- Saddam Hussein’s yachts were once luxurious signs of the dictator’s power.
- One boat is now a destroyed picnic area for fishermen. Another was reportedly almost a hotel.
- Photos today show these yachts as Iraqi officials debate what to do with them.
Saddam Hussein’s superyachts were once symbols of luxury, built in the 1980s and equipped with spacious presidential suites, marble tiles and various amenities.
But decades after his death, Hussein’s ships have met a very different fate: one continues to wreck in a river – a picnic spot for fishermen – while the other almost became a hotel.
The multi-million dollar “Al-Mansur” yacht was once customized to Hussein’s personal requirements, with gold trim and an impressive atrium, according to Superyacht Content. Although Hussein never boarded it, the nearly 400-foot (120 m) long boat remained in the harbor for safekeeping.
When US troops invaded Iraq in March 2003, the “Al-Mansur” was a juicy target. Troops destroyed the boat and sank it in the Shatt al-Arab waterway.
20 years later, any sign of wealth or glamor is gone. “Al-Mansur” has been looted and gutted, the right side sunk deep into the riverbed.
But fishermen told Reuters it’s not such a bad result. “When it was owned by the former president, no one could get close to it,” says fisherman Hussein Sabahi, who enjoys a cup of tea on the wreck after a long day of fishing.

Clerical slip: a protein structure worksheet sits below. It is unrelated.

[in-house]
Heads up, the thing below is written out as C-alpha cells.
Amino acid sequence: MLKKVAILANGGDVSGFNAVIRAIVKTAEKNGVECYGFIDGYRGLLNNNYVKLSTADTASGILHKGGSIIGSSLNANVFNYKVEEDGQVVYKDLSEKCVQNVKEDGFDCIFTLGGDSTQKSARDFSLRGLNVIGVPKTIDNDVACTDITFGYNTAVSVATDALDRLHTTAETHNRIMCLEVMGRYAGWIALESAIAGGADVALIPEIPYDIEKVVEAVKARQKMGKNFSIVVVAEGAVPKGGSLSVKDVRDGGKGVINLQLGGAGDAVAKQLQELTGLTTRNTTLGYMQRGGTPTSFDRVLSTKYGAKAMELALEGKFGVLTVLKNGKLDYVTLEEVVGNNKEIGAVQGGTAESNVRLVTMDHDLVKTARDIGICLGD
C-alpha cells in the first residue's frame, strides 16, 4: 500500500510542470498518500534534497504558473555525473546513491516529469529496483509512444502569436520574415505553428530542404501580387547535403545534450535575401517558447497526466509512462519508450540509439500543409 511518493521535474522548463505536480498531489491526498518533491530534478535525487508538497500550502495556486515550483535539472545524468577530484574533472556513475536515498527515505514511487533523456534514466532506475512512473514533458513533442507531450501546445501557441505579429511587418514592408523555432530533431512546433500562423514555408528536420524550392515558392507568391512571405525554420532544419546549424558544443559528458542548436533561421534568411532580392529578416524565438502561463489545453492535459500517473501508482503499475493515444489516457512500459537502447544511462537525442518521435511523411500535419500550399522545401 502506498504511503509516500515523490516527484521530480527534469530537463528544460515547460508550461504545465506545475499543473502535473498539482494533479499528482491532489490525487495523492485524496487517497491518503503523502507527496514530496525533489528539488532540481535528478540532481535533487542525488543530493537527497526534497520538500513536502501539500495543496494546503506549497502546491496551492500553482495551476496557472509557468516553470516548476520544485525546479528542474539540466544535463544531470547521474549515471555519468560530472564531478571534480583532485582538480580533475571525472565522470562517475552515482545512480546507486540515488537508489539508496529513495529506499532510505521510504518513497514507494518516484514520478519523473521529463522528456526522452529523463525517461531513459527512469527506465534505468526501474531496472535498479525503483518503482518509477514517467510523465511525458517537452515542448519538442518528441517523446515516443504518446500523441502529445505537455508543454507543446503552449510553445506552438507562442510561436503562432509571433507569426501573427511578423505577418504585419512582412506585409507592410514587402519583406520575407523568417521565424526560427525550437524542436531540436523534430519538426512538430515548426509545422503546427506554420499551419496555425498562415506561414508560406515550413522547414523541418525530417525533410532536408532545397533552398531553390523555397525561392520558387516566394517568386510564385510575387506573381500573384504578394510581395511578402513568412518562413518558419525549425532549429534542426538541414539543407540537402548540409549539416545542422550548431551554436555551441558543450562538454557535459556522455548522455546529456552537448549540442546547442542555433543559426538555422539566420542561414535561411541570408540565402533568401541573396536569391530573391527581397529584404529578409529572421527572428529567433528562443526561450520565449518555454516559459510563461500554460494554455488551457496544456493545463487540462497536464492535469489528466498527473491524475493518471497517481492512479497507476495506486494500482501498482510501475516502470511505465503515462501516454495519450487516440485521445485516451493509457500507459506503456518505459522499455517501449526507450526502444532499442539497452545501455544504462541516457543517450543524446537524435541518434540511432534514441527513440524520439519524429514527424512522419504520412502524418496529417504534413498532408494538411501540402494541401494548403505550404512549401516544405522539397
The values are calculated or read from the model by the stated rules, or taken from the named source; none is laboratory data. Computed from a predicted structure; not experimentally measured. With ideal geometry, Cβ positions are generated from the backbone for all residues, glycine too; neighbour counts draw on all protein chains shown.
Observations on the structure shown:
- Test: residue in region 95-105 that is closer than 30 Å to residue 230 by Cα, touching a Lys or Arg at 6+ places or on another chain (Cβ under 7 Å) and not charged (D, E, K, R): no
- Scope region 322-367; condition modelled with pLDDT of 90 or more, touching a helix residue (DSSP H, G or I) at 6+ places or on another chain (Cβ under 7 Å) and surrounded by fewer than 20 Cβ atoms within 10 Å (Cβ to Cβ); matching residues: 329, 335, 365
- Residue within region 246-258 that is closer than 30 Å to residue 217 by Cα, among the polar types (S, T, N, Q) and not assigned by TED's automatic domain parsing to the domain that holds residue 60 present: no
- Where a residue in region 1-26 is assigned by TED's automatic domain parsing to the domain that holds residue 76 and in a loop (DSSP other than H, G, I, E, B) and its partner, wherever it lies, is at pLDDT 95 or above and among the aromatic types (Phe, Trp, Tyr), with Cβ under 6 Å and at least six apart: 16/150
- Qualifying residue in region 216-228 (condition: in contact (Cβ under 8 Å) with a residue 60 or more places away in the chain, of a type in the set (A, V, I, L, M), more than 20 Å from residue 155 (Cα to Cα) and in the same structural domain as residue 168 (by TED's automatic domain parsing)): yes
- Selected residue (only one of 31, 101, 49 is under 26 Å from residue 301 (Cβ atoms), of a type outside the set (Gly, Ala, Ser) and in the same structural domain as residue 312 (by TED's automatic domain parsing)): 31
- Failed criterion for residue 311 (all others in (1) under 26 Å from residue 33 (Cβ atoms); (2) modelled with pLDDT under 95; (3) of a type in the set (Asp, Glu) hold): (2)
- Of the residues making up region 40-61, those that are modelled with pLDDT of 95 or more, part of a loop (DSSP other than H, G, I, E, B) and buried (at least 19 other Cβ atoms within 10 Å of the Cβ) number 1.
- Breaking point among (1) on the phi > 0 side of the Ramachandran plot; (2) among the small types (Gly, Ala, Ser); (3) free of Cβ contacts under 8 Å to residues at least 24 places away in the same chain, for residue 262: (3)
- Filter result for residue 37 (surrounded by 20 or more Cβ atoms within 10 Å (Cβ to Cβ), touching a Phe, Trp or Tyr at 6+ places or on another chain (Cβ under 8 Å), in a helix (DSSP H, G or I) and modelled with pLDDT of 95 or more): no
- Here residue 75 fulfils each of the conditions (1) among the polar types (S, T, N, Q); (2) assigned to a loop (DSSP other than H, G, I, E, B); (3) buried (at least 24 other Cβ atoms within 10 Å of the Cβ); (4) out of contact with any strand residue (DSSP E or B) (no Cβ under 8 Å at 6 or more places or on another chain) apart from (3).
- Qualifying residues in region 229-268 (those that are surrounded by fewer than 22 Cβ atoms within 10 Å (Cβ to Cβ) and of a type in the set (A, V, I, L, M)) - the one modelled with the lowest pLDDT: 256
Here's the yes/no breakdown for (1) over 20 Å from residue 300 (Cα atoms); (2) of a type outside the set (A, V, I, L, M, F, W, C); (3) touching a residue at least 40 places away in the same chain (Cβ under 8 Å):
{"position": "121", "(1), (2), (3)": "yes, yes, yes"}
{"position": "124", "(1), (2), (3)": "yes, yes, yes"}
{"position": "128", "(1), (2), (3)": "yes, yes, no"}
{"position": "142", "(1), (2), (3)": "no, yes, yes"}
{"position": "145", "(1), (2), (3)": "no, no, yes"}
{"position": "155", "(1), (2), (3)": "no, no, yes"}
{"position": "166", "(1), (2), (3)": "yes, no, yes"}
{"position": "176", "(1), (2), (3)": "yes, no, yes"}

“I can’t believe this was Saddam’s and now I’m the one moving around it,” he added.
Some Iraqis told Reuters they believe the wreckage should be preserved for history. Others say that governments, which have not funded conservation efforts, are right to leave it to the river.
Another of Hussein’s superyachts, the 270-foot “Bashrah Breeze,” was built in 1981 for $25 million, or $100 million today, according to Yacht Harbor.
After Hussein’s execution in 2006, ownership of the boat changed hands a few times.
But in 2008, a Cayman Islands entity put the yacht up for sale, according to Boat International. NPR reported at the time that the boat — outfitted with gold cranes, swimming pools and a rocket-launching system — could sell for as much as $35 million.
But it was not sold. Iraq intervened and courts decided that the “Bashrah Breeze” belonged to the government.
Since then, the yachts have briefly hosted researchers from Basra University on a sea voyage, as reported by Yacht Harbour. At the time, officials said it was in good condition and functioning properly.
In 2018, reports that “Bashrah Breeze” was to be turned into a hotel for pilots made international headlines. This was disputed by the former director of the Marine Science Center at Basra University, Ali Douabul, who told Boat International that the rumors were “completely wrong”.
“If they had used it for pilots, they would have ruined it in no time. It was never used as such. I got a very, very annoying phone call from the minister about that.”
It is unclear whether the boat will become a museum or be permanently moored somewhere.
WATCH NOW: Popular videos from Insider Inc.